Major Safe’s 3D printed Tap, filter and barrel assembly

Team Hisani’s prototype inline filtration for their backpack reservoir

Initial Edubot prototype made from Google AIY voice kit









Team Hisani presented their backpack-based water carrying and filtration system, Team Major Safe presented their rolling, filtering water carrier and Team Edubot presented their Solar-Powered, cloud-connected AI education device.

Our students were unfazed by the demanding questioning from the judges and presented confidently.

The variety of creative solutions on display to the problems of water purification, transport and healthcare was incredible.  Purbeck teams did extremely well with very strong competition from other schools including Ringwood, Magna Academy and St Peter’s.

Team Major Safe with their Barrel Buddy prototype and display board

Final scale design prototype of the Barrel Buddy from Major Safe.

Team Edubot

Edubot’s Mkii design, showing speaker, but not the solar panel.

Of our 3 teams, Edubot made it through to the final round of judging one week later with their unique idea of a low-cost solar-powered voice-activated educational AI unit. Teams were allowed to reflect and improve on judging feedback from the first round of judging. Edubot iterated their design and tightened up their impact analysis and logistics for the second round of judging.

The final round of judging took place at the impressive Talbot Campus.  Team Edubot went through a second round of judging, with further in-depth grilling from the each of the 5 demanding judges.  Helen Turnock and Juliette Gates represented strongly, justifying their design choices and sticking to their guns without compromise.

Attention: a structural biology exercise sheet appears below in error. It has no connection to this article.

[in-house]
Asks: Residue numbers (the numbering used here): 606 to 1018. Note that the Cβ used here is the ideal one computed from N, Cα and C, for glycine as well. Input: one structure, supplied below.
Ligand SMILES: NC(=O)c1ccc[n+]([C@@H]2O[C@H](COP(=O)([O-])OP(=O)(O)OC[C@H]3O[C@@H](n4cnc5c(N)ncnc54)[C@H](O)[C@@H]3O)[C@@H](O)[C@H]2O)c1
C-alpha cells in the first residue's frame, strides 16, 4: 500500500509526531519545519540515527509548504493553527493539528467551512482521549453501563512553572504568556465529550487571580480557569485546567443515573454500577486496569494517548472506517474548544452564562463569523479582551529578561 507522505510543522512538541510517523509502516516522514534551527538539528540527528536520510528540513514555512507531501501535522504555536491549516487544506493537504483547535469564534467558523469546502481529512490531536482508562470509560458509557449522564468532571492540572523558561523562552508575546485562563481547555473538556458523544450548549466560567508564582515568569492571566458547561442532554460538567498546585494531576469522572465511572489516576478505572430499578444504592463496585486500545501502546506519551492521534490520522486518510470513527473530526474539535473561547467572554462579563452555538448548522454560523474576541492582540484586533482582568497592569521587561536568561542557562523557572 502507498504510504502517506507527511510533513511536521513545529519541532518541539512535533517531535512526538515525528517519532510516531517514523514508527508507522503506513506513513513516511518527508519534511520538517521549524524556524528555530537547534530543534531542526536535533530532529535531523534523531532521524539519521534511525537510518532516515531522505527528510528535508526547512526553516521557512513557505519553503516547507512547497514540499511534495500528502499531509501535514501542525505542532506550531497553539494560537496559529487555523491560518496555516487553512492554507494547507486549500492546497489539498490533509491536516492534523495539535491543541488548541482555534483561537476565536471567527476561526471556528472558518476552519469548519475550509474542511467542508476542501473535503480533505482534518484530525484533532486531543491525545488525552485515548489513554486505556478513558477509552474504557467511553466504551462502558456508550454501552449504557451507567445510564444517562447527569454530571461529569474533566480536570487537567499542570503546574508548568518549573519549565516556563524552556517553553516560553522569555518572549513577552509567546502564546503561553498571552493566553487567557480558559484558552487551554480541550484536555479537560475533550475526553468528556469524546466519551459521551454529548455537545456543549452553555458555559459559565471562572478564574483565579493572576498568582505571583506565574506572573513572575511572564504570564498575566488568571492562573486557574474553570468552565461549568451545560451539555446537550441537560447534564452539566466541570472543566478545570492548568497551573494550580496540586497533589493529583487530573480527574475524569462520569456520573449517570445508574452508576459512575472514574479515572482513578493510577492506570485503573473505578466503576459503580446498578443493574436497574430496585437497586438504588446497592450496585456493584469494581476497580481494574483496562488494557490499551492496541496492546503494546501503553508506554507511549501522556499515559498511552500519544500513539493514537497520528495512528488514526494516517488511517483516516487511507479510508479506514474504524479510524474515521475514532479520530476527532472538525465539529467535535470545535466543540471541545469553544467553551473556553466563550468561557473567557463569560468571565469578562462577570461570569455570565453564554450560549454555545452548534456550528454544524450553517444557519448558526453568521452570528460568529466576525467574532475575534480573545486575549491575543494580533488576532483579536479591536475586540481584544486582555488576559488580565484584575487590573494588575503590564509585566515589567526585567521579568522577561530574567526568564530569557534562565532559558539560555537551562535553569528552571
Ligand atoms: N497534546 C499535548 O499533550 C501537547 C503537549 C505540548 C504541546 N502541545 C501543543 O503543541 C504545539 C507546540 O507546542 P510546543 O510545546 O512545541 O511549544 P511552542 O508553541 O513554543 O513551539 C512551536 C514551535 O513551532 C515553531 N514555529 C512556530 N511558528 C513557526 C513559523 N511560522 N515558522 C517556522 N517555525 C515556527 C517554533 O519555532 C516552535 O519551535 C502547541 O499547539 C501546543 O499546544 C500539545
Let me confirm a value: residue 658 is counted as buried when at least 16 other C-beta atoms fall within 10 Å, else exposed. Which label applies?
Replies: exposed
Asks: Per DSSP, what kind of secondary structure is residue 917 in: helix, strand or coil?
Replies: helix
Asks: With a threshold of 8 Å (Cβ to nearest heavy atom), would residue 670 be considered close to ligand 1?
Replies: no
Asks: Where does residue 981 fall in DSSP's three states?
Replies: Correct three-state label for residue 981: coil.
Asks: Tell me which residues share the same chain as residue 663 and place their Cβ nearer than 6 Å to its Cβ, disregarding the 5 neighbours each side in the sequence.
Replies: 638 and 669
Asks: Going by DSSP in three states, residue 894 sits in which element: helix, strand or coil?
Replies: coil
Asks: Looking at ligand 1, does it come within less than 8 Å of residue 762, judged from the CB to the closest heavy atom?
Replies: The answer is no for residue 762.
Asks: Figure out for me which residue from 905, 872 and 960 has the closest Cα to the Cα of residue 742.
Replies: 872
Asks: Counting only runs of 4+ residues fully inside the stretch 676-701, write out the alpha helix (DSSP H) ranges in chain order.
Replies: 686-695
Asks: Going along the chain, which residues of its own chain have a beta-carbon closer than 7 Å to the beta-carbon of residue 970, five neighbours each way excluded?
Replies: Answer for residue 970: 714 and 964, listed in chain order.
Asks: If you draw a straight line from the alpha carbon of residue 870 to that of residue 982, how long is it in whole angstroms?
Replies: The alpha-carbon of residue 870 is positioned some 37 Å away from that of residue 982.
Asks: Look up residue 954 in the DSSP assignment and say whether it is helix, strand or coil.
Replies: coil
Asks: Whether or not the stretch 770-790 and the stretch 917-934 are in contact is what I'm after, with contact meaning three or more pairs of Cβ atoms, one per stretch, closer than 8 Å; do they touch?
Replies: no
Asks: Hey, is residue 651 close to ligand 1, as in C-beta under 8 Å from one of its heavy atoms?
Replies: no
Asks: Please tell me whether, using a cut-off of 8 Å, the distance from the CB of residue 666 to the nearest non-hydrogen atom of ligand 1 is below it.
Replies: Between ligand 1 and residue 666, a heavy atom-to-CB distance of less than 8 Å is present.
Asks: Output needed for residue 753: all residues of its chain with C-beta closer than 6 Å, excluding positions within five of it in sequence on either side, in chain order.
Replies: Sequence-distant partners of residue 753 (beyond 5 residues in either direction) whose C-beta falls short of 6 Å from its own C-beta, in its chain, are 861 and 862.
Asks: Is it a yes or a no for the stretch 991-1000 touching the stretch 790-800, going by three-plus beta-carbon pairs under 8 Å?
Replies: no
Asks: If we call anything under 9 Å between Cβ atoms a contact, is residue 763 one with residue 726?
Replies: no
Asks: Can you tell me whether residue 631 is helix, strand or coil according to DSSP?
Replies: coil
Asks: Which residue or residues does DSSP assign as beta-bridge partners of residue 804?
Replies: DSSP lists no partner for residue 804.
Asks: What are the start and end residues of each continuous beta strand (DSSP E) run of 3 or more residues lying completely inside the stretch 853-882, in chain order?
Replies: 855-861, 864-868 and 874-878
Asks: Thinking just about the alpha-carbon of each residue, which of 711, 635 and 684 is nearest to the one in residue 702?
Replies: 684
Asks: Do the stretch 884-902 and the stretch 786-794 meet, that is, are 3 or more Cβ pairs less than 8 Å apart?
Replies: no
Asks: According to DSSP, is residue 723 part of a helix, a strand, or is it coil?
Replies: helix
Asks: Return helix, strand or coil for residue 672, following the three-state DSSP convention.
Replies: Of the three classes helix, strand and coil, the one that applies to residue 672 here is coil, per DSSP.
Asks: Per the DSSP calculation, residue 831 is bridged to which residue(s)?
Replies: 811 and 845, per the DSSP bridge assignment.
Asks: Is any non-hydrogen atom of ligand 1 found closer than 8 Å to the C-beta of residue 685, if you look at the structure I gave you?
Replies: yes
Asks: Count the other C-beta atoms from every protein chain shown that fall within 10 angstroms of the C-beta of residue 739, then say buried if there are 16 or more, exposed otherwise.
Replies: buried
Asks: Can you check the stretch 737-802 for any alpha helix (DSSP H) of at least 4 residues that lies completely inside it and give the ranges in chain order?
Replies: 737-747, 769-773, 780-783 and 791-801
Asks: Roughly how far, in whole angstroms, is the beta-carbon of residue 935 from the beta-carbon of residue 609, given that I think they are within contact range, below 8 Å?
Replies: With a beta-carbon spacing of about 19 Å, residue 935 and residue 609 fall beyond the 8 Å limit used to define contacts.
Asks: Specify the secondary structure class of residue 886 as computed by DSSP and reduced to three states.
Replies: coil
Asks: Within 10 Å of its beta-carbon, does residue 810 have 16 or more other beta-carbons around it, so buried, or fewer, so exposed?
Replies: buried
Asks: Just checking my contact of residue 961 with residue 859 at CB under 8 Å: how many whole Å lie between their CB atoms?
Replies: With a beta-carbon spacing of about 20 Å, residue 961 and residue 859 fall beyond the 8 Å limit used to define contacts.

After inspirational messages from prominent women in industry including Theresa May, Margaret Emsley, Roma Agrawal and  Helen Sharman, Anna Holme gave a fascinating presentation into how the work of Engineers without Borders was working to improve the lives of Women in India by designing and constructing a high tech non-flushing toilet for use in India.

The final results were announced by Soroptimist International – Team Edubot narrowly missed out on an award, placing in the final 4 out of 33 teams that entered the process.  They were commended by the judges, as were all teams that entered from the Purbeck School.

All of the entrants will receive a Bronze CREST award for their efforts in the process, and will be invited for afternoon tea with the Headteacher.

We are extremely proud of the way that our teams represented themselves and the school.  They have been excellent ambassadors for the school in their professional and mature conduct during the judging process, and they have been gracious competitors.  They have demonstrated excellent teamwork, thinking skills, reflection and presentation skills that have developed during the process, and they have shown composure and maturity well beyond their years.  We hope to see them involved in the Soroptimist STEM challenge in the future as competitors, coaches, or perhaps even as judges in the future.

Mr Davids